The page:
Still feeling the post-holiday blues after skiing, and wondering if I’ve maybe overlooked several hundred pounds in my current account somewhere that would allow me another trip this winter. I fear not. I have eulogised enough about the delights of skiing before now, but something new struck me on this trip – the uniqueness of each run down the mountain.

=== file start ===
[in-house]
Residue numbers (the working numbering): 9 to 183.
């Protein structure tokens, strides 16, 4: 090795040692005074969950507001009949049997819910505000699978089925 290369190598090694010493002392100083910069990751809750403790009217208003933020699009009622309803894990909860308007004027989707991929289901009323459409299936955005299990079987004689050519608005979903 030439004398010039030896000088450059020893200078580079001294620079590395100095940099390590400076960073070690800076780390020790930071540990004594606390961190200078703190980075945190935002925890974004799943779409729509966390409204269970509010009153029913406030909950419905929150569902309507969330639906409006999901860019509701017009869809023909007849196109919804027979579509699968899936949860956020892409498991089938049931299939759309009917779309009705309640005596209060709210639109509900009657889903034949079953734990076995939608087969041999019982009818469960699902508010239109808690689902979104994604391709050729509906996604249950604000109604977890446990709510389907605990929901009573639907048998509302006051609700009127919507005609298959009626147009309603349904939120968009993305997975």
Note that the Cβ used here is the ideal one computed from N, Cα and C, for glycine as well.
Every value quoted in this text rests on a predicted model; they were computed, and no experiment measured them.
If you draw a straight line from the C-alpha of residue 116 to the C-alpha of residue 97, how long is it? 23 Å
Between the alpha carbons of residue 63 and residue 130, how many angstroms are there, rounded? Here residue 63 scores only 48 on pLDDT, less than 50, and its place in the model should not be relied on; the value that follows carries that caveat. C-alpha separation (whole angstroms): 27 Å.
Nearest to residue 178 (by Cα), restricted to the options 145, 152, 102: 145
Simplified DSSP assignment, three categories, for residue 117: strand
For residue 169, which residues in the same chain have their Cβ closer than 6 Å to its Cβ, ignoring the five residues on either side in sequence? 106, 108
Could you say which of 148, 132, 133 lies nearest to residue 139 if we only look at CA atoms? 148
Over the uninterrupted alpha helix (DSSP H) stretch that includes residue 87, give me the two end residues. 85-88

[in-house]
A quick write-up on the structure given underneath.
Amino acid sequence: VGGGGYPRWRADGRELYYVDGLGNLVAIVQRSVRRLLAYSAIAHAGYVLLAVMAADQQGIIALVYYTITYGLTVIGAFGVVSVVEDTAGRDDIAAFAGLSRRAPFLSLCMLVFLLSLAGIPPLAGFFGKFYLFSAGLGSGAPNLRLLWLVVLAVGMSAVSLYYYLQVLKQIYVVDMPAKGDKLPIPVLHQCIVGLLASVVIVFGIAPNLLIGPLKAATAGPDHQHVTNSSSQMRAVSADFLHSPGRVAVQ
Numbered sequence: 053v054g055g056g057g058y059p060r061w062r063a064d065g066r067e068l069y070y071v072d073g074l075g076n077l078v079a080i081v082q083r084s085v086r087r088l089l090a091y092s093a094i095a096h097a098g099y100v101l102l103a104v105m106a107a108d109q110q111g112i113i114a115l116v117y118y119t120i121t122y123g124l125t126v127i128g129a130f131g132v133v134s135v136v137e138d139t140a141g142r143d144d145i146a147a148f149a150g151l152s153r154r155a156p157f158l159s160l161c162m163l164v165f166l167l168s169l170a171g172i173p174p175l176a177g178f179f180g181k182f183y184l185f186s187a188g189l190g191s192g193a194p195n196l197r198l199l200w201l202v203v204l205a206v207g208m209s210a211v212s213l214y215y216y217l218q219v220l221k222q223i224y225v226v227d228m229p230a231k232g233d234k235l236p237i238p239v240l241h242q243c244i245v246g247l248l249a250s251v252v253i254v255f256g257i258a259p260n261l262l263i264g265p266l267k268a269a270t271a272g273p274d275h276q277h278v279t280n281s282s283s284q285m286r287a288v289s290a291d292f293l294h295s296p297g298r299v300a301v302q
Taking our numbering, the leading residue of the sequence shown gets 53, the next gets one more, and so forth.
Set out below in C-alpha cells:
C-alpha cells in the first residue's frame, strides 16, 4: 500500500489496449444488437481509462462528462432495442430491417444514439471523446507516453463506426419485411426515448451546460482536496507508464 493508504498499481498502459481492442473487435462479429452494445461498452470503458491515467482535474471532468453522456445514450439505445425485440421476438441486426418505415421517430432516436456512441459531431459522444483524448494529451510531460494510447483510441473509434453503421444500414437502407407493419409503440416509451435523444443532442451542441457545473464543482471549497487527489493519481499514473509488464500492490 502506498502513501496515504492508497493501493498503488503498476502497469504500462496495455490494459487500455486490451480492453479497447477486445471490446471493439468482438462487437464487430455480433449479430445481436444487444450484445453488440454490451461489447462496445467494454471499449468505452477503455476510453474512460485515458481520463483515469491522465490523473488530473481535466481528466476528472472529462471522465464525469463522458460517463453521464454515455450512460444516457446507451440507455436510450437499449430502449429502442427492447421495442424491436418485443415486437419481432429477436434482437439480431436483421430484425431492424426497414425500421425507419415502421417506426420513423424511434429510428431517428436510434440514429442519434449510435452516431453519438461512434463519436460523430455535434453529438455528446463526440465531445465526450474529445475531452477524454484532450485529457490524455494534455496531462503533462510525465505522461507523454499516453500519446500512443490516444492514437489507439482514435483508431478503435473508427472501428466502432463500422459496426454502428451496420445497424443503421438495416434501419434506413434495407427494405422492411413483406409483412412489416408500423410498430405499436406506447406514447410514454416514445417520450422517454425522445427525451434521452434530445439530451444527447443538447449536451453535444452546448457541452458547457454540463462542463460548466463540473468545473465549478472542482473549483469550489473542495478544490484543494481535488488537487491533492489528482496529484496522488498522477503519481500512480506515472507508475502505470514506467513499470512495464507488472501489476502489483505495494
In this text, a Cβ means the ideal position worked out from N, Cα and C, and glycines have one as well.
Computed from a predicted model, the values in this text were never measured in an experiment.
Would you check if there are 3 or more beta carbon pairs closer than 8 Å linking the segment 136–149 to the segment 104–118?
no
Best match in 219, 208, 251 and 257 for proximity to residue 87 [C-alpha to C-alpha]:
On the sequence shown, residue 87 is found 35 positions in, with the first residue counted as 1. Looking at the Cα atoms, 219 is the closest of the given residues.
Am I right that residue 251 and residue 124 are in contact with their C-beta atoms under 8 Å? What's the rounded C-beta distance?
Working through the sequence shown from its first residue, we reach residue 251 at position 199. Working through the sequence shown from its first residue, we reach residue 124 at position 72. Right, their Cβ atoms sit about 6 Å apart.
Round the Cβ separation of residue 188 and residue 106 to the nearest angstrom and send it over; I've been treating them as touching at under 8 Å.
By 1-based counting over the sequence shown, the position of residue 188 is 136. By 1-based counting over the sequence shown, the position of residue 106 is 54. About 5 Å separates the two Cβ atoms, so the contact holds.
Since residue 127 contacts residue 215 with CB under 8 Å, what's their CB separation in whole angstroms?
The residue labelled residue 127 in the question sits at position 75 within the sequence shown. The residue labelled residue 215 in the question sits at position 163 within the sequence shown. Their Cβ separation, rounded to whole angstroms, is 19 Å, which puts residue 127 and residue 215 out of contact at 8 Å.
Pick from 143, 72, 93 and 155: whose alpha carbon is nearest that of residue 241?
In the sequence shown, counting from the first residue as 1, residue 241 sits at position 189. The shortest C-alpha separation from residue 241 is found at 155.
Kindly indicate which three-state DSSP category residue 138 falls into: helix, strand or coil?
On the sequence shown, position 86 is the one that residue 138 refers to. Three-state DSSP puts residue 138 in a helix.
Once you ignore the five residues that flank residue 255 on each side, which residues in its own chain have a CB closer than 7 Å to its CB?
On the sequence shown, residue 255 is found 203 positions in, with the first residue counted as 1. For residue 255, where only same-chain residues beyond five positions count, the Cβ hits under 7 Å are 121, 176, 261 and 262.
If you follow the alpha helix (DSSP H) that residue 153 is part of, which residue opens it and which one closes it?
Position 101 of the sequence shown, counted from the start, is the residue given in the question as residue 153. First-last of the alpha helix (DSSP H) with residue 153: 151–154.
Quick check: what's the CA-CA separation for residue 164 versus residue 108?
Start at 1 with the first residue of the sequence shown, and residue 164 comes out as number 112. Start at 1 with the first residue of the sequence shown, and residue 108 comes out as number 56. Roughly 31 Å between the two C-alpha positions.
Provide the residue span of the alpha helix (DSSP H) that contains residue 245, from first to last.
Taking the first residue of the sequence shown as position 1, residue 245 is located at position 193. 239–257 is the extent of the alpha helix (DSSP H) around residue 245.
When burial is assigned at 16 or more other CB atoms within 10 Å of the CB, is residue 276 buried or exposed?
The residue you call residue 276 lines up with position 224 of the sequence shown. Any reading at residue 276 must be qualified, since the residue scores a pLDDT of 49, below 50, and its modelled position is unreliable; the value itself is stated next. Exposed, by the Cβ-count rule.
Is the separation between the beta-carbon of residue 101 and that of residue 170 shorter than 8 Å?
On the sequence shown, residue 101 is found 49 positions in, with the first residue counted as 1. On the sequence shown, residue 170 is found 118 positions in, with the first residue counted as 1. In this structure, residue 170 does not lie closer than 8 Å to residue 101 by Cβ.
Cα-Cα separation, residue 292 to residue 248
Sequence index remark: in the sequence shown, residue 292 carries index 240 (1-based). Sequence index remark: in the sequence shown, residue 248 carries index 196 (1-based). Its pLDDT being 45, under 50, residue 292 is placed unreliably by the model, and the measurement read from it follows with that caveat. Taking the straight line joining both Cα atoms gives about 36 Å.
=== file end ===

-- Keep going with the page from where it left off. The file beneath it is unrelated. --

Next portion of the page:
On Friday, we were making our way down the valley via a series of runs and lifts. Mel, one of the more talkative hobbits in the party, had fond memories of a particular run called Jerusalem, and en route to it, we found ourselves on a chairlift, ascending directly over a blue piste which was (a) groomed, (b) sunny, (c) virtually empty and (d) looking like a lot of fun. “Looking like a lot of fun” means it had a lot of bends which looked like they might like to be taken at high speed. So we postponed our pilgrimage to Jerusalem, temporarily, and bombed down this run instead. Twice, both times without stopping. Strictly speaking, I did come to something of a stop first time round, having misjudged the racing line somewhat through a bend, and slid horizontally off the piste, over a ridge and out of sight of MacRae and Kirsty, who claimed to be hard on my heels. Now, it being a fast run, and there being boys involved, it had developed into something of a race, without anything being expressly mentioned to that effect. When MacRae saw me crash and slide off the piste out of sight, potentially surrendering my hard-earned lead, he was (a) delighted, and then (b) momentarily concerned for my welfare. So he stopped, as did Kirsty, or so they tell me, and called out to see if I was alright. I did actually hear them call out, but considered the fact that I was back up on my feet and skiing on to be an adequate answer to their enquiry, so didn’t visibly acknowledge it. I didn’t realise they had stopped, and so as I got up, dusted myself off and skied back on to the piste, still in the lead, I quietly congratulated myself on being so far in front that I’d had time to fall over, laugh for a bit, and still be in front when I returned to the ‘race’. I didn’t hear MacRae loudly calling me a fascist at this point, but took all his abuse on the chin once we’d got to the bottom, and got our breath back.